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Designer labels wear green credentials in their seams

by Tom Knowles, November 1, 2021


Photography by Ben Stansall/Getty Images

Technology that will inform shoppers about the eco-credentials of their clothing has been introduced by some of the world’s biggest fashion brands as part of an effort to be more sustainable.
Consumers will soon be able to scan a QR code on the labels of new items from Burberry, Mulberry, Giorgio Armani and Stella McCartney, to see the “sustainability credentials” of what they are buying.
Once the code is scanned by a smartphone camera, it tells the shopper how and when the item was made, the origin of its material, and whether it was created sustainably. Consumers will also be told how to care and repair the clothing so it can last longer.
If the clothing is sold on later, perhaps through a charity shop, new owners will be able to scan the label and see where the clothing originally came from and when it was made.
The tool, called Digital ID, was created through a collaboration between brands who are part of the “fashion task force”, which was founded under the Sustainable Markets Initiative, an organisation established by the Prince of Wales which aims to accelerate businesses’ transition to more eco-friendly practices.
The task force chairman is Federico Marchetti, the founder of Yoox Net-a-Porter, who has spent a year persuading some of the world’s most exclusive fashion brands to agree use the QR codes. Other brands involved include the British brand Johnstons of Elgin, Brunello Cucinelli, and Chloé. The QR codes will start being rolled out for clothes in next year’s autumn/winter collection.
Marchetti said it was “unprecedented” for so many different brands and platforms to work together on a “single innovative solution” to help push their industry towards a “more transparent and sustainable footing”. He said: “This Digital ID provides a genuine opportunity for consumers to make truly sustainable choices.”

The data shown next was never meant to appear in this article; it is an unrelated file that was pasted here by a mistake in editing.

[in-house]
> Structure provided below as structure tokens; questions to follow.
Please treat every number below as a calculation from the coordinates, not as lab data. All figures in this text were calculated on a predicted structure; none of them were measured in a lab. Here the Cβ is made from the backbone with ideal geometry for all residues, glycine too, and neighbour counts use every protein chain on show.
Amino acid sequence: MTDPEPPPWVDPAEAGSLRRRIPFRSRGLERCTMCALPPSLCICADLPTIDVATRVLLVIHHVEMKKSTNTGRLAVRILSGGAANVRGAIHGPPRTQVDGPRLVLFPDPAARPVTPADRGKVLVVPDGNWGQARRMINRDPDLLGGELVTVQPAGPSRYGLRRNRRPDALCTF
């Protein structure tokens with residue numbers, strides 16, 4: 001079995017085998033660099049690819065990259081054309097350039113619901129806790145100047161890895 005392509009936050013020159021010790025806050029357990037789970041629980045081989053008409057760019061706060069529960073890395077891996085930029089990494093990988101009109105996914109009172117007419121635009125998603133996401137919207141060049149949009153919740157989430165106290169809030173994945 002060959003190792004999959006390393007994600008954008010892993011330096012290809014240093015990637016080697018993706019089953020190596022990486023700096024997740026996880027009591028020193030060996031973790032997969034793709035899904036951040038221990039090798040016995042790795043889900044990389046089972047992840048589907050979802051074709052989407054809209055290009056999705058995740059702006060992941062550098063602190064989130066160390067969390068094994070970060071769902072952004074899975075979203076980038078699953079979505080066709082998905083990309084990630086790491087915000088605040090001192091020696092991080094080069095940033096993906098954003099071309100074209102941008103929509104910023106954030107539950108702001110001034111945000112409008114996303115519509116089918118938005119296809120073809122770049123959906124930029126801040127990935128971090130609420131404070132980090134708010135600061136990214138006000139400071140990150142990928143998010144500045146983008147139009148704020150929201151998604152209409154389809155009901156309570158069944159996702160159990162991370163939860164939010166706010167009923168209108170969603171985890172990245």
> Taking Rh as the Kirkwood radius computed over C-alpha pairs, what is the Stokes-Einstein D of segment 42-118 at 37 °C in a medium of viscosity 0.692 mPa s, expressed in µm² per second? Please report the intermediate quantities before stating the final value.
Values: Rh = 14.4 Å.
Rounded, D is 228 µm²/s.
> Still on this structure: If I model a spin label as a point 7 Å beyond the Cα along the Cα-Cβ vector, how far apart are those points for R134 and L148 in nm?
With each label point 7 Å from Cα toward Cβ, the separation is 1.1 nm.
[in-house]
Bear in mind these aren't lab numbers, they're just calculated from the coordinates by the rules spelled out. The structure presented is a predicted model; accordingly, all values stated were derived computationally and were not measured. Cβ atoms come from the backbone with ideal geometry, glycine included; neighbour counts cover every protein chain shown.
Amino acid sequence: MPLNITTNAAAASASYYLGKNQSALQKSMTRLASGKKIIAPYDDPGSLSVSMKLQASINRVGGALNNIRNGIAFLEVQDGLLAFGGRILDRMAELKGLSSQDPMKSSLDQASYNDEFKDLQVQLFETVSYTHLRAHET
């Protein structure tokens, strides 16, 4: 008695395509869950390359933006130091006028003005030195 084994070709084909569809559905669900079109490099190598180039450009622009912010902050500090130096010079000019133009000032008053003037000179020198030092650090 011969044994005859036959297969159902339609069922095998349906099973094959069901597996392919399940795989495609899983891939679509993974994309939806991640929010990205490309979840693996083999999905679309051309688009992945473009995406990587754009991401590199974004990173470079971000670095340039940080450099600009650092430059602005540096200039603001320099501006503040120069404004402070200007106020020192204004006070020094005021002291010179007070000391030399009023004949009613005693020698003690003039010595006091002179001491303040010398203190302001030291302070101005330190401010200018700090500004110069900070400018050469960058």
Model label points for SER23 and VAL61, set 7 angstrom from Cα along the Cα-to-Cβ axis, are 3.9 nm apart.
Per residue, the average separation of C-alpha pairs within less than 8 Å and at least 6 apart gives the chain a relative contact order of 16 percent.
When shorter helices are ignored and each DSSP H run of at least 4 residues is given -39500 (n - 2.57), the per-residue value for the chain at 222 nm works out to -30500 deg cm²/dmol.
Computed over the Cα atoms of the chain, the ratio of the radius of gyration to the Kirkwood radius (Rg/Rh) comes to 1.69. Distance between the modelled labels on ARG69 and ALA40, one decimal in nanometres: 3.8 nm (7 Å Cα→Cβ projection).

The technology and platform behind Digital ID was created by Natasha Franck, chief executive of the New-York based start-up Eon. She has explained how each piece of clothing is given a “digital birth certificate” that includes information about where and when it was made, that then lasts the lifetime of the clothing item.
The work is designed to address the fashion’s sustainability problem, with the industry being responsible for one-tenth of global carbon emissions and a business model that relies on people discarding old clothes and buying new ones.
The new digital tool was commended by the Prince of Wales, who was given a demonstration of the technology while in Rome for the G20 summit, and called it “so encouraging”.

Prince Charles met with the bosses of brands such as Giorgio Armani, Mulberry, Chloe and Yoox Net-a-Porter in the gardens of the British Embassy in the Italian capital to discuss the Digital ID.
Charles, who called the fashion industry “one of the most polluting sectors in the world”, praised the tool saying: “People have the right to know if what they buy is created sustainably and there is a responsibility to tell them if we truly believe in the shared principles of transparency, accountability and enforcement.”
The Prince quizzed Mulberry’s chief executive Thierry Andretta about whether the handbag he was shown was leather and whether it was from a particular breed of cattle and sourced in the UK.
Hearing that it was sourced from regenerative farming methods and is low carbon, the Prince remarked that he wished “people knew the value” of ethically-produced leather in the “circular economy” over plastic or “strange spun” synthetic material.
“That’s why it’s so encouraging to make this happen,” he said of the information on the digital ID. “I’m so grateful to you all,” he added.

Originally published in

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